A pilot from Colorado who speaks three languages and recently became a flight instructor will soon be on her way to France to fly in the Tour Aérien Des Jeunes Pilotes, her expenses paid by the International Council of Aircraft Owner and Pilot Associations (IAOPA).
Kayla Graham, 23, of Centennial, Colo., was selected from a pool of 34 qualified applicants by AOPA, IAOPA, and the Fédération Française Aéronautique. The organizations had sought applications from American pilots interested in flying in the 2014 race. Graham’s roundtrip airfare to France, airplane rental for the race, and other expenses will be covered. She will fly with an English-speaking French flight instructor.
Forty pilots between ages 18 and 24 will take part in the Tour Aérien Des Jeunes Pilotes July 19 to Aug. 3. The event, in its fifty-seventh year, seeks to inspire the next generation of pilots and promote general aviation in France. Representatives of the Fédération Française Aéronautique visited AOPA in May 2013 to discuss the history of the race, which is made possible by volunteers, experienced pilots, and flying clubs.
Graham, who works for navigation information company Jeppesen maintaining terminal approach charts (in the Australia quadrant) said in a phone interview that she felt “fortunate, blessed” to learn she had been selected as the American race participant.
A language major in college, Graham has conversational command of French and Spanish. As "a language nerd before I ever got into aviation," she said she sees the upcoming trip as a rare opportunity to combine her twin passions for linguistics and aviation in a single activity.
Even before Graham learned that she would be participating in a European air race, her immersion in aviation in 2014 had shifted into high gear: About three weeks ago, she earned her flight instructor’s certificate and joined the instructors’ ranks of the Aspen Flying Club flying from Centennial Airport in Englewood, and Front Range Airport in Denver.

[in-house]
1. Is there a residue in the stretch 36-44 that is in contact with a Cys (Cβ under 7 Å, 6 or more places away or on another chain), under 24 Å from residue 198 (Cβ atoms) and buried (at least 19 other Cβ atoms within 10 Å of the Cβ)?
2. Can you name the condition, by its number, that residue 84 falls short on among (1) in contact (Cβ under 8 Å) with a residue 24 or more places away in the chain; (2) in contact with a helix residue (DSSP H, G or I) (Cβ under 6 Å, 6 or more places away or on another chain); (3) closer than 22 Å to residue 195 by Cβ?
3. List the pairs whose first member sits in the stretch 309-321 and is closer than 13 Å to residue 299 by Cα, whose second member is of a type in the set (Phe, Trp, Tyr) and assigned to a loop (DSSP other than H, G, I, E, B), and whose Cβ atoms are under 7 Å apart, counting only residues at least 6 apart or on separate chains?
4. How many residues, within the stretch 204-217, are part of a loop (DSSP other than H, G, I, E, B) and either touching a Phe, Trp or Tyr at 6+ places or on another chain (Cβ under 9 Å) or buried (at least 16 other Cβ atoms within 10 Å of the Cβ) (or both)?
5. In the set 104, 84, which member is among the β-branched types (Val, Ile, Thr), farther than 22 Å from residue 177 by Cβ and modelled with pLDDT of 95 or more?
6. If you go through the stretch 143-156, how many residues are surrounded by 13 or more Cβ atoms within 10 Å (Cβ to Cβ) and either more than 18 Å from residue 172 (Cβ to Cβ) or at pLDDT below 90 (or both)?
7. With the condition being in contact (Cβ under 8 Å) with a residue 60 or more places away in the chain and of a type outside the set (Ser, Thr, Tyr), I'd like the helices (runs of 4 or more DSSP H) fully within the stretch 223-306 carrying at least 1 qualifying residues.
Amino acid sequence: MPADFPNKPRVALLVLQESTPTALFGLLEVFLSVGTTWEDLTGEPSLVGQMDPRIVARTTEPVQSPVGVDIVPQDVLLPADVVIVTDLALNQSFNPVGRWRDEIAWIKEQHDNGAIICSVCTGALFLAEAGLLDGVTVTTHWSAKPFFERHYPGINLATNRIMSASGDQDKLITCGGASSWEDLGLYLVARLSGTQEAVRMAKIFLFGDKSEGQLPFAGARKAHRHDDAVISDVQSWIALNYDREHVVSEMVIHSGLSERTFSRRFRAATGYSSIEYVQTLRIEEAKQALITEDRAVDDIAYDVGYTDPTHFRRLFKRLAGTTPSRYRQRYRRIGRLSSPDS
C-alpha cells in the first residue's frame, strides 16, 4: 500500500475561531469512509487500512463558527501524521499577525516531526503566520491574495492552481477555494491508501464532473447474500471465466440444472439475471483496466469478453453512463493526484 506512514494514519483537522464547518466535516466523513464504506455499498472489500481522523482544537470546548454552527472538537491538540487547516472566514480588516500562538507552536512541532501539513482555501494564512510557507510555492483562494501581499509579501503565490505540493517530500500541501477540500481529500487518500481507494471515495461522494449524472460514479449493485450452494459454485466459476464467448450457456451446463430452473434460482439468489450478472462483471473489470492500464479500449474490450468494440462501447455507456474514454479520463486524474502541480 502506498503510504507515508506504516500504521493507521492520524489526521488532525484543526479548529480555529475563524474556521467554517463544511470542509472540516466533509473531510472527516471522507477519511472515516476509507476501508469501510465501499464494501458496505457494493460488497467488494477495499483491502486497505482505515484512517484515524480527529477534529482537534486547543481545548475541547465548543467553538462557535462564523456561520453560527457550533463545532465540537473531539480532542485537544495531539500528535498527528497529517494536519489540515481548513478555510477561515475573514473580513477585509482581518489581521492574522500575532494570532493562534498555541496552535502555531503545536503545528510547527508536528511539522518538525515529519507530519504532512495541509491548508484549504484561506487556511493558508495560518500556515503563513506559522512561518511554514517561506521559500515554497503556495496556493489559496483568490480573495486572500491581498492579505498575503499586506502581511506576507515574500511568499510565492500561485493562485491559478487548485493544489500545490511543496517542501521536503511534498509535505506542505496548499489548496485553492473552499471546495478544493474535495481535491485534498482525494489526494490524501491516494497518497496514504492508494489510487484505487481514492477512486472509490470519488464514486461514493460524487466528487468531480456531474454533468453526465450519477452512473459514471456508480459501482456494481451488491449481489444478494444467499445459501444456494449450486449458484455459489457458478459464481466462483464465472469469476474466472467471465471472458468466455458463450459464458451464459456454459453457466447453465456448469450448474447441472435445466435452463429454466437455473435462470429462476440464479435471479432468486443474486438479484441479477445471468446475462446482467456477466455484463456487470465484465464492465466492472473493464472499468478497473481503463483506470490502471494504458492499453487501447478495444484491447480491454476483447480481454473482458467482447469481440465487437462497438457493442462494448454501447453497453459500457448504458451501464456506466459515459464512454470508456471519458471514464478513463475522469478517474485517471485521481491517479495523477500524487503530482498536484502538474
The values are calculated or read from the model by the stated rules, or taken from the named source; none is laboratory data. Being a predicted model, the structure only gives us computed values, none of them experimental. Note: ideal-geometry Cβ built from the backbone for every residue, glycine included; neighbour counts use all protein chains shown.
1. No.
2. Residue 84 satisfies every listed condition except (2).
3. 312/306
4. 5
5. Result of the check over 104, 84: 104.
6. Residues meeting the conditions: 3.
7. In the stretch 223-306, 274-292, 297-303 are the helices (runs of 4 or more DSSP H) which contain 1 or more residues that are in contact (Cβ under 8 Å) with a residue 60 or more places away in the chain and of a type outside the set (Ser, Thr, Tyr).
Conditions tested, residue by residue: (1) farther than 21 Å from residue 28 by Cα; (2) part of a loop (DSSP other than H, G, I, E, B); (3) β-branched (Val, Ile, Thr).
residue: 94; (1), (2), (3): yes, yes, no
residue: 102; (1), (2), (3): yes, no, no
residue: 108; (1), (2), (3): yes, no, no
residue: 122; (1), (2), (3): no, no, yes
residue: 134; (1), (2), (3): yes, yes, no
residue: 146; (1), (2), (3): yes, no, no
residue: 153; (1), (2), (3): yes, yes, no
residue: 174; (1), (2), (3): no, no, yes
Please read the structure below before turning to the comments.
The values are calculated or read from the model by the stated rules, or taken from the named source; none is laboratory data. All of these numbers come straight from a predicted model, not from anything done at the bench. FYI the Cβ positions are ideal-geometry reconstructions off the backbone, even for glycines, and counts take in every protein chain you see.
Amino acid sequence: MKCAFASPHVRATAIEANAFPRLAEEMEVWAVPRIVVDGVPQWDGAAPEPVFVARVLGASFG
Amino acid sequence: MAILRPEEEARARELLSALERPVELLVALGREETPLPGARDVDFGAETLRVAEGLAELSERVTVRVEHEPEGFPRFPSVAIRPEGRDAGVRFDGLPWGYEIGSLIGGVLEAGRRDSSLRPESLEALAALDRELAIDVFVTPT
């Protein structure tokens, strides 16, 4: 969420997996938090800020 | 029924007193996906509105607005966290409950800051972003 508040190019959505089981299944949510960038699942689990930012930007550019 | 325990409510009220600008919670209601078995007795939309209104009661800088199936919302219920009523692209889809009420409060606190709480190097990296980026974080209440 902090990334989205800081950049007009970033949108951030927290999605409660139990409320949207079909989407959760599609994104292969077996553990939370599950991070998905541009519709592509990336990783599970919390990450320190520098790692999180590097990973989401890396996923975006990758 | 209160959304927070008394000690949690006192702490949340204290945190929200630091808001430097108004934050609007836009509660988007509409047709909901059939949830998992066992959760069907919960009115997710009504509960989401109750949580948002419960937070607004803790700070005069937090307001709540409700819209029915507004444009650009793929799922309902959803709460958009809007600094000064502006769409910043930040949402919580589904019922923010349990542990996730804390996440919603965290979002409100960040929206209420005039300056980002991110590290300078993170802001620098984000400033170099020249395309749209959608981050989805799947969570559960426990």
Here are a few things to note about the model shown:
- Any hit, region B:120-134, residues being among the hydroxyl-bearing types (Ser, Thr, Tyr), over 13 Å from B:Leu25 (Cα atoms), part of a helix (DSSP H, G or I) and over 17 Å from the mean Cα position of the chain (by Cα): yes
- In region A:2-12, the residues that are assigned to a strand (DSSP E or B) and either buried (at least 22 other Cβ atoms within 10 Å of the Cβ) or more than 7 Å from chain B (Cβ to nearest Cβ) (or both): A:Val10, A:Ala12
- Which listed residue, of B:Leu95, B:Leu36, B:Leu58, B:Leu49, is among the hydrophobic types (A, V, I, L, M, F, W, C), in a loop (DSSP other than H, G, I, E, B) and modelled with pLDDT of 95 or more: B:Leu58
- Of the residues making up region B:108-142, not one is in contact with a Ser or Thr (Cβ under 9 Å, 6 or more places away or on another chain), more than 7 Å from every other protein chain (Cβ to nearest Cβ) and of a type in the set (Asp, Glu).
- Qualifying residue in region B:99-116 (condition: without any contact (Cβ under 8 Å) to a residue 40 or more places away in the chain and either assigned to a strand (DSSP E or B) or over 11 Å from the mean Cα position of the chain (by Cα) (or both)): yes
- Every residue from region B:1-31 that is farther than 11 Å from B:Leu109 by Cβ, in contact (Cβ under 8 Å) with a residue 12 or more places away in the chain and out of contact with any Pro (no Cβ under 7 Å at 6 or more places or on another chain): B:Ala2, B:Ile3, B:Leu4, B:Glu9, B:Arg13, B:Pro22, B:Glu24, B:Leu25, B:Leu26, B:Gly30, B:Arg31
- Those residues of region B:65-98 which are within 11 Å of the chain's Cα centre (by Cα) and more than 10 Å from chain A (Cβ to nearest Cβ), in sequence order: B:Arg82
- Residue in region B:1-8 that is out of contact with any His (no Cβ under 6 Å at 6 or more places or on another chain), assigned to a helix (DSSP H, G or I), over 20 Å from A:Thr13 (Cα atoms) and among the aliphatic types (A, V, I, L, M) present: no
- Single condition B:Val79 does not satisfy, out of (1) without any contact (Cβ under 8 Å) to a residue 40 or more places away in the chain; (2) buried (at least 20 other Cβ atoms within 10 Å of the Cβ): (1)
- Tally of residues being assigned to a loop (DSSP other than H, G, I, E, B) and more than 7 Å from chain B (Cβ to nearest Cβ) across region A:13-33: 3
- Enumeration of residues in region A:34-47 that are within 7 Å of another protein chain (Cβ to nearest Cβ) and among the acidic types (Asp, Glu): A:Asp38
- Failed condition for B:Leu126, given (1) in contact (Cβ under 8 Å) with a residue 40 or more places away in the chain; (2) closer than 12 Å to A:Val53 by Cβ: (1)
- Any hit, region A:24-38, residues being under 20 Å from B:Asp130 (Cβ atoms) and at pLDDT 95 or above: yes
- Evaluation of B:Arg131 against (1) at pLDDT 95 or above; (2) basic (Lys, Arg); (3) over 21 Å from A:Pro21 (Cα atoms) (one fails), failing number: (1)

"It is the proudest I have felt yet with my flight accomplishments," she said of becoming a CFI. "I really love instructing."
Teaching mostly in Cessna 152s and 172s, Graham said she gets special satisfaction from sharing aviation with her students, and challenging them to master the mental processes of becoming a pilot. The two airports at which the club is based provide valuable variety for student pilots—Centennial being a high-volume general aviation facility and Front Range having more of “a country feel” to flight operations.
Working for Jeppesen also adds to her skills as a pilot and flight instructor, she said, noting that, "Looking at those charts all day works wonder."
Still not over the surprise of learning that she would be going to France as a race pilot, Graham was looking forward to making contact with the French pilot with whom she will share the cockpit during the seven-stop event.
In a follow-up email, she noted that she had begun reading up on French airspace and flight procedures (although she did not specify the language in which she was conducting her studies).